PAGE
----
January trade deficit at £10bn

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Demonstration in Lambeth highlighting the poverty that the Coalition has plunged the country into
Demonstration in Lambeth highlighting the poverty that the Coalition has plunged the country into

ANY talk of ‘recovery’ has been well and truly scotched by the revelation that Britain’s trade deficit widened more than expected in January, rising to nearly £10 billion.

The Office for National Statistics figures released on Friday, show the goods trade deficit was £9.793 billion ($16.5 billion) in January, compared to £7.662 billion ($12.6 billion) registered in the previous month.

The increase came as a surprise to bourgeois commentators given that a poll of economists had predicted a trade deficit shortfall of £8.6 billion.

One of the contributing factors to the widening deficit was a decline in UK exports, which fell by four per cent to £24.248 billion, making it the lowest level since June 2012.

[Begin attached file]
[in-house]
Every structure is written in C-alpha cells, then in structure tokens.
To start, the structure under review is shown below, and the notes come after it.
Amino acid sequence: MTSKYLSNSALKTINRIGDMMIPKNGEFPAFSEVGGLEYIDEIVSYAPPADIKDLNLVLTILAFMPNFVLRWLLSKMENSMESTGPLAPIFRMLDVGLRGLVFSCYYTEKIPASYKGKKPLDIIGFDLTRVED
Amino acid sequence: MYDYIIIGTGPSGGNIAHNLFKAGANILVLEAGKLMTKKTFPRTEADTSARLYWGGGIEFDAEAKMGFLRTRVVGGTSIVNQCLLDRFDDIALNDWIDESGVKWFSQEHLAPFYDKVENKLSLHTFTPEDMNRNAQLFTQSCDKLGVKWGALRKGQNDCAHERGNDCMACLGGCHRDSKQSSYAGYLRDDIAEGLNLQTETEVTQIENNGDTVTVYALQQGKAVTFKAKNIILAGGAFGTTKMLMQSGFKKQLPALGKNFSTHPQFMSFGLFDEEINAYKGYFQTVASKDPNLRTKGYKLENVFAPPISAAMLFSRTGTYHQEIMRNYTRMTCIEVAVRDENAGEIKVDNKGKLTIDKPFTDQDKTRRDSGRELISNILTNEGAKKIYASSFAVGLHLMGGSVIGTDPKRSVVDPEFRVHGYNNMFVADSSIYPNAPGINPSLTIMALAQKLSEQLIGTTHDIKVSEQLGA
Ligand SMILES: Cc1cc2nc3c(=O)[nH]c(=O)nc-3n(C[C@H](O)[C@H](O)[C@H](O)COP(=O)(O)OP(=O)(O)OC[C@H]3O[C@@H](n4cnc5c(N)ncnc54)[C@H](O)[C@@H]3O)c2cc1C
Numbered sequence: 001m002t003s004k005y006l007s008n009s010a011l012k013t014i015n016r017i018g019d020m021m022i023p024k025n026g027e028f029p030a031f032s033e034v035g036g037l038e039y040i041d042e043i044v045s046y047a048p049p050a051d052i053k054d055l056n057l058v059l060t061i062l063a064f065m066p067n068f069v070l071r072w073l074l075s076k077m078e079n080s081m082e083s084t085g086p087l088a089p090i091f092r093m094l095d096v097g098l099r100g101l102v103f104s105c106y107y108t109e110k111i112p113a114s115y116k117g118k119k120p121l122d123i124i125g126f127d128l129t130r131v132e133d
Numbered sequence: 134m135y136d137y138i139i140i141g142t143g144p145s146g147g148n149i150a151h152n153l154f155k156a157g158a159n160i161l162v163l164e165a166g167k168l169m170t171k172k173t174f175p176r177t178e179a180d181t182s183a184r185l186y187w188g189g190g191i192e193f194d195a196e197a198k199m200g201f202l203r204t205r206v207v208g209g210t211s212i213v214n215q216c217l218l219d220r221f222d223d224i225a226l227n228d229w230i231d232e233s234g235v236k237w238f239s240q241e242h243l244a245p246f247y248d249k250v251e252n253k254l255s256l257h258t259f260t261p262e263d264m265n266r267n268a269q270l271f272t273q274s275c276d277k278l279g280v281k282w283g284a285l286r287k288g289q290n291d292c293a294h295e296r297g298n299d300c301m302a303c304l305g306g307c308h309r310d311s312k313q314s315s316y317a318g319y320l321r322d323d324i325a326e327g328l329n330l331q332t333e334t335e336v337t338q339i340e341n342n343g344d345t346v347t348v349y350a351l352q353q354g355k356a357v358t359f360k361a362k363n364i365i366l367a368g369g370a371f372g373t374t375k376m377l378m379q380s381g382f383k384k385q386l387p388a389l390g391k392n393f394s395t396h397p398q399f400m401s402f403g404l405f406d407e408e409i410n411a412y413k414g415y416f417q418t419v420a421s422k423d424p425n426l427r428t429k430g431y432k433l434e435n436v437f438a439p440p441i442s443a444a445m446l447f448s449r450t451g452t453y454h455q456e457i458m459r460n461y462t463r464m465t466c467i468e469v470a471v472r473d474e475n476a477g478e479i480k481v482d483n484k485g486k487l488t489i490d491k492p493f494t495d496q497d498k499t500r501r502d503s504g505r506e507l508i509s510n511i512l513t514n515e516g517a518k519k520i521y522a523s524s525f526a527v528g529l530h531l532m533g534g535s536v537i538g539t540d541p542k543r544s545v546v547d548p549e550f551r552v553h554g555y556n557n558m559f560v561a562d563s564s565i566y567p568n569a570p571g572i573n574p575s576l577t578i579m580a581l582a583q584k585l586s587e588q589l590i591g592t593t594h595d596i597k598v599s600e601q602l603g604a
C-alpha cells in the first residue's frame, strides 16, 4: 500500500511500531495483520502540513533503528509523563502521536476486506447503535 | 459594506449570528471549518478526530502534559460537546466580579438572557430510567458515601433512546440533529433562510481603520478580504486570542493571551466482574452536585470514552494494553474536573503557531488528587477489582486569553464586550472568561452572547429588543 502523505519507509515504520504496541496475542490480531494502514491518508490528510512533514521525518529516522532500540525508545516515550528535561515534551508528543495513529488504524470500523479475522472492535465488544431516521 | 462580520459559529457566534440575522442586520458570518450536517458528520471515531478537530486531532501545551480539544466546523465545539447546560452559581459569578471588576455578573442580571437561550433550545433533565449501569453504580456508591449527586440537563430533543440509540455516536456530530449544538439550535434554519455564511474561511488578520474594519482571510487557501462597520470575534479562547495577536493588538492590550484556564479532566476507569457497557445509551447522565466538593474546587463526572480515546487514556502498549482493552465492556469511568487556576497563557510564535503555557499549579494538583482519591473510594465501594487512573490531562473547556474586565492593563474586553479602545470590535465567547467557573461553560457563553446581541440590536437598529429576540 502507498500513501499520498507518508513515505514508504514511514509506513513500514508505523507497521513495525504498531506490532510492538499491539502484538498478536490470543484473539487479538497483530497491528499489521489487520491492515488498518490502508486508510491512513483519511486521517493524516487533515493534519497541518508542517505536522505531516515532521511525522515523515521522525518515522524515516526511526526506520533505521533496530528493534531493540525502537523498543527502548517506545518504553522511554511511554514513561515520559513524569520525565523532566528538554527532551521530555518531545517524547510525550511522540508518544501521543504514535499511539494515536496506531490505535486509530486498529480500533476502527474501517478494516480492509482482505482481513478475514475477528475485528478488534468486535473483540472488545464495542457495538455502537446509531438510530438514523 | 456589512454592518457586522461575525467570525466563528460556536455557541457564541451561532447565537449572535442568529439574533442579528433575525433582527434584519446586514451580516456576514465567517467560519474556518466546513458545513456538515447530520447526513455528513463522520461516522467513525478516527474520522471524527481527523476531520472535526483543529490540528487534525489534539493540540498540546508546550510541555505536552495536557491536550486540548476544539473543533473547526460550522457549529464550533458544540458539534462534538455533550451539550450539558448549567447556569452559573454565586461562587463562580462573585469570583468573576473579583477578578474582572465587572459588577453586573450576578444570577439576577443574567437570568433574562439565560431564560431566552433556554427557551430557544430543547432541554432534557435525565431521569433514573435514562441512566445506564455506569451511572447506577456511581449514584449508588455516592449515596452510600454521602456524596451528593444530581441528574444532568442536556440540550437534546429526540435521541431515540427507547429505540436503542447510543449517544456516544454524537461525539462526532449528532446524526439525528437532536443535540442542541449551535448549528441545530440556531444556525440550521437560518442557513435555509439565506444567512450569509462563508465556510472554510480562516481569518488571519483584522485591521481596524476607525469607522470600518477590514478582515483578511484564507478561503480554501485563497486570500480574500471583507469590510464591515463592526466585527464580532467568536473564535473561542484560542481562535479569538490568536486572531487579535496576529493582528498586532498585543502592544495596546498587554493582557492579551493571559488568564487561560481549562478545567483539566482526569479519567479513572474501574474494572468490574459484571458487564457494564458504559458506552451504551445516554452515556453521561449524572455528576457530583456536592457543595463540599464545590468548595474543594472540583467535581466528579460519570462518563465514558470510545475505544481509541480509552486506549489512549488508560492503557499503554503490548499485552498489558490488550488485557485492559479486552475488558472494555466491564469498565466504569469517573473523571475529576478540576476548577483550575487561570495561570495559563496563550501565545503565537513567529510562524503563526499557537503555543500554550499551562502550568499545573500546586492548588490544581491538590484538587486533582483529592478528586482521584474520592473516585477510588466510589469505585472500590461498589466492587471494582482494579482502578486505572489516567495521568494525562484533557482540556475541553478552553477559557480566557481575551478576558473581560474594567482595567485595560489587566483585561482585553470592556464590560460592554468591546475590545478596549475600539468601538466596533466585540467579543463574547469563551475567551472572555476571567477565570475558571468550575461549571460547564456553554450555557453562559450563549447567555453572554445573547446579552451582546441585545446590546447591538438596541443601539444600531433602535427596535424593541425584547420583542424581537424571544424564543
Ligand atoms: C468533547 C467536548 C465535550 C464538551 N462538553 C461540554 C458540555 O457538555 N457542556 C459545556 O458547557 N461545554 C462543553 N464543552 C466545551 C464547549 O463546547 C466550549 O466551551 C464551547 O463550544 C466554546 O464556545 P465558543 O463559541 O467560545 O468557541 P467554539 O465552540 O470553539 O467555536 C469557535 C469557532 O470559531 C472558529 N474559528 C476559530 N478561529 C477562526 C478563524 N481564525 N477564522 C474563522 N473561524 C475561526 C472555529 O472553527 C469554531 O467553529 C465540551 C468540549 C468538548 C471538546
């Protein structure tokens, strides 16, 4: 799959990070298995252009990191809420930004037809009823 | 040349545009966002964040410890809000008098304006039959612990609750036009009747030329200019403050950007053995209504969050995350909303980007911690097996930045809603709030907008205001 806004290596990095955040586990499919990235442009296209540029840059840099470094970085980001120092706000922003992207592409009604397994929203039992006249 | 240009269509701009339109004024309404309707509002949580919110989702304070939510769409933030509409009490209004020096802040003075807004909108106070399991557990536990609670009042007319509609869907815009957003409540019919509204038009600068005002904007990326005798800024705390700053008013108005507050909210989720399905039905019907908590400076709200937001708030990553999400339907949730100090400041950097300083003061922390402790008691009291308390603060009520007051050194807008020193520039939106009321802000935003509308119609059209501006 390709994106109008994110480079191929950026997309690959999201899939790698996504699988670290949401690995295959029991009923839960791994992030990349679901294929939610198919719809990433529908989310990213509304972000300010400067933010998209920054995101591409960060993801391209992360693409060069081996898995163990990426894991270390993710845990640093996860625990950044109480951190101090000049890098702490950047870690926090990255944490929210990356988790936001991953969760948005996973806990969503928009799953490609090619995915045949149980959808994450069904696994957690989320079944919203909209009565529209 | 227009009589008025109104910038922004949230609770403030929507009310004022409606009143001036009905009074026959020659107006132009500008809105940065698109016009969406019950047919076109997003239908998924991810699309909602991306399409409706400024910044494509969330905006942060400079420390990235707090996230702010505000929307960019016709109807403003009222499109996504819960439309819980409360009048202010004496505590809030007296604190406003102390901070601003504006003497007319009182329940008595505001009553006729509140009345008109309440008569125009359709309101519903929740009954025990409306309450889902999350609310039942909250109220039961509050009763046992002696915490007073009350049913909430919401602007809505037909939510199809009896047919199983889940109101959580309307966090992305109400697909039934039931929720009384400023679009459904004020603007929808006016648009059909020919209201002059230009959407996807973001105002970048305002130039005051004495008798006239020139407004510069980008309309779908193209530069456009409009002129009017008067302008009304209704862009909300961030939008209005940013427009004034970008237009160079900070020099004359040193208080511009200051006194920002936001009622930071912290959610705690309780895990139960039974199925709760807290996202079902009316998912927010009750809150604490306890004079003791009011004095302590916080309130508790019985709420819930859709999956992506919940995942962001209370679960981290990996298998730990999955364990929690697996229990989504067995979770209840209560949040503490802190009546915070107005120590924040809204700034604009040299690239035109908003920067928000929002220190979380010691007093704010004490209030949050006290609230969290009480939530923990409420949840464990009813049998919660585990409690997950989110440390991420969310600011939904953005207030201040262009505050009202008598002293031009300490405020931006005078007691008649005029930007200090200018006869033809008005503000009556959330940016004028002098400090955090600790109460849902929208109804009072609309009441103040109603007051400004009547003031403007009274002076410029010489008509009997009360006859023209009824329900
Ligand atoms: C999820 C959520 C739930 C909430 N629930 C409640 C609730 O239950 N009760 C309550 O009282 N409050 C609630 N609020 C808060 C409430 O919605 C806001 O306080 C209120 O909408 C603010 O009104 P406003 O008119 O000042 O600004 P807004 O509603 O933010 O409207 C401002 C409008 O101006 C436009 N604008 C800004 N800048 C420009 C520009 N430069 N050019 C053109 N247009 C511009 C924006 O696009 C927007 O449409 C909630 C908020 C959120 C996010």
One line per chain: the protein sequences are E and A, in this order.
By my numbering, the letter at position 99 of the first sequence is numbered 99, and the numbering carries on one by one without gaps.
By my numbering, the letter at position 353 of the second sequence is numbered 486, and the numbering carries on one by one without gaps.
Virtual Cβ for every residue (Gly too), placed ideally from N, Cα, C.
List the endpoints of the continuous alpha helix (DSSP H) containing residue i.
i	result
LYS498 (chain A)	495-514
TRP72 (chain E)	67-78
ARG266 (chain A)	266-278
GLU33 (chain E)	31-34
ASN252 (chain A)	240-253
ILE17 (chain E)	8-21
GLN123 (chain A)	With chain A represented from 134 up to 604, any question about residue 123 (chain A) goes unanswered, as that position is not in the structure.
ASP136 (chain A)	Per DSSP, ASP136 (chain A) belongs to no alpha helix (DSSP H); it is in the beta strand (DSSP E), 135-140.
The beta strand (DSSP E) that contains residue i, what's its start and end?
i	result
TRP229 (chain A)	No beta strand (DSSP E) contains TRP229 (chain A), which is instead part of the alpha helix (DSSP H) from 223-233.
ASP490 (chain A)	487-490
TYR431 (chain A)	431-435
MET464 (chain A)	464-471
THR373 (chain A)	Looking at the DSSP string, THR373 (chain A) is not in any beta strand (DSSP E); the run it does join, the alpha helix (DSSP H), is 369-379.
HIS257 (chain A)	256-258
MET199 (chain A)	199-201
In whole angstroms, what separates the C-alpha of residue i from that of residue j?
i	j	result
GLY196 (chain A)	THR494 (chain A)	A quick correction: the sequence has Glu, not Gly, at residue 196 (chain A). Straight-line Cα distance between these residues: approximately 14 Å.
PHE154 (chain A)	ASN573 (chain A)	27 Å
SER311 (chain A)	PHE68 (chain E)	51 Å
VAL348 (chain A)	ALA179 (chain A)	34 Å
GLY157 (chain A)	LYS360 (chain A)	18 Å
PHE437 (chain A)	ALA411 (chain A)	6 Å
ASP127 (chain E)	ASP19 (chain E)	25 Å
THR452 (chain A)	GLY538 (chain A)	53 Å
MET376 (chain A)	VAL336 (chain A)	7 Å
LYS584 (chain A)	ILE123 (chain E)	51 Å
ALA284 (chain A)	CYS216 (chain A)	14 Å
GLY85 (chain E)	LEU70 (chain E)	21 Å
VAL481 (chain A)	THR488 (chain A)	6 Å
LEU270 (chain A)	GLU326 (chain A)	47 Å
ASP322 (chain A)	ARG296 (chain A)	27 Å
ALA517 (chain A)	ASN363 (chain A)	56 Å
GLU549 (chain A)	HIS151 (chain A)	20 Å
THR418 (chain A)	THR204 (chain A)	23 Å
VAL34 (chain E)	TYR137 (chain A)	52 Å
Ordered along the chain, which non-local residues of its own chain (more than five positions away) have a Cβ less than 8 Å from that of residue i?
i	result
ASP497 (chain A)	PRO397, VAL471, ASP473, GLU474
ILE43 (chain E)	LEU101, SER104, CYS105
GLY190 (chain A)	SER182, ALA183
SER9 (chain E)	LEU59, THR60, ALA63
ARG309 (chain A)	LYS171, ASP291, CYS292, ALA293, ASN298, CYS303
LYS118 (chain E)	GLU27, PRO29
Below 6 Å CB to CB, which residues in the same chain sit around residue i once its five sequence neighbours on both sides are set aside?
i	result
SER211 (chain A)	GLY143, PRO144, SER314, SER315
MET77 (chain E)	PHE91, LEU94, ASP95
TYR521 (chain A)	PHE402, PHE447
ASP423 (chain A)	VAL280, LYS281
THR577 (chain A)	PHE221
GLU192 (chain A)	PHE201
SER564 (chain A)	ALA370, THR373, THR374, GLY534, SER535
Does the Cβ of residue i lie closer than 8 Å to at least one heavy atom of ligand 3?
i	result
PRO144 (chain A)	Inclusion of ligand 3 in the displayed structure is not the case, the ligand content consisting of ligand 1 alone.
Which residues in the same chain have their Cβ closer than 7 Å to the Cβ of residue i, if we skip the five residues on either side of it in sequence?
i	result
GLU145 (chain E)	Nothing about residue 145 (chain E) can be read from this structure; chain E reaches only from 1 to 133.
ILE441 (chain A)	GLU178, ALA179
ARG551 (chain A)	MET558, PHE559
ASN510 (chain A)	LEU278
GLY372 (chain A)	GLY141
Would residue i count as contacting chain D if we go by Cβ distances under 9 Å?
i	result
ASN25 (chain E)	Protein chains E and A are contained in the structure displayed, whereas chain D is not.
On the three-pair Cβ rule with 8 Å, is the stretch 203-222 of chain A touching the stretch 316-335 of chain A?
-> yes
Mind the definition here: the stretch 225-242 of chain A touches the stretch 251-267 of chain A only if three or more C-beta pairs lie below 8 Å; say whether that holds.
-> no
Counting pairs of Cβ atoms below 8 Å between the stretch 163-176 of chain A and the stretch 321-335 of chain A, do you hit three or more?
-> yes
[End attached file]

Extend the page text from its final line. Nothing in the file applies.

Chancellor Osborne has said he plans to present measures to help UK exporters and encourage investment when he announces the annual budget on Wednesday.

The trade gap shock has come just weeks after the ONS revealed that Britain’s unemployment rate increased unexpectedly to 7.2 per cent in the fourth quarter of last year, meaning over 2.3 million Britons were without work.

The fourth quarter increase marked the first escalation in the jobless rate since February 2013.

l People living in the most affluent areas of England can expect almost 20 years more ‘good health’ than those in the poorest, data suggests.

The Office for National Statistics (ONS) said those from the most affluent areas also live longer overall.

The most deprived are likely to spend more years of their shorter lives in poor health.

Smoking, disease and healthcare access helped explain the gap, the ONS said.

Women in the most deprived areas could expect to live on average seven years less than women in the most affluent postcodes, with men living nine years less.

Data were collected between 2009 and 2011.

The ONS emphasised that an area itself was not deprived, but that it was the ‘circumstances and lifestyles’ of people living in that area, relative to those in another.

The survey took into account income, employment, health and disability, education, barriers to housing and services, living environment and crime.

People in the most disadvantaged areas were twice as likely to smoke than those in the most affluent areas, which could be partly behind the disparity, said a spokesperson for the ONS.

Immunisation rates also helped people to live longer in richer areas. ‘This study will provide a benchmark figure for future studies,’ the ONS spokesperson said.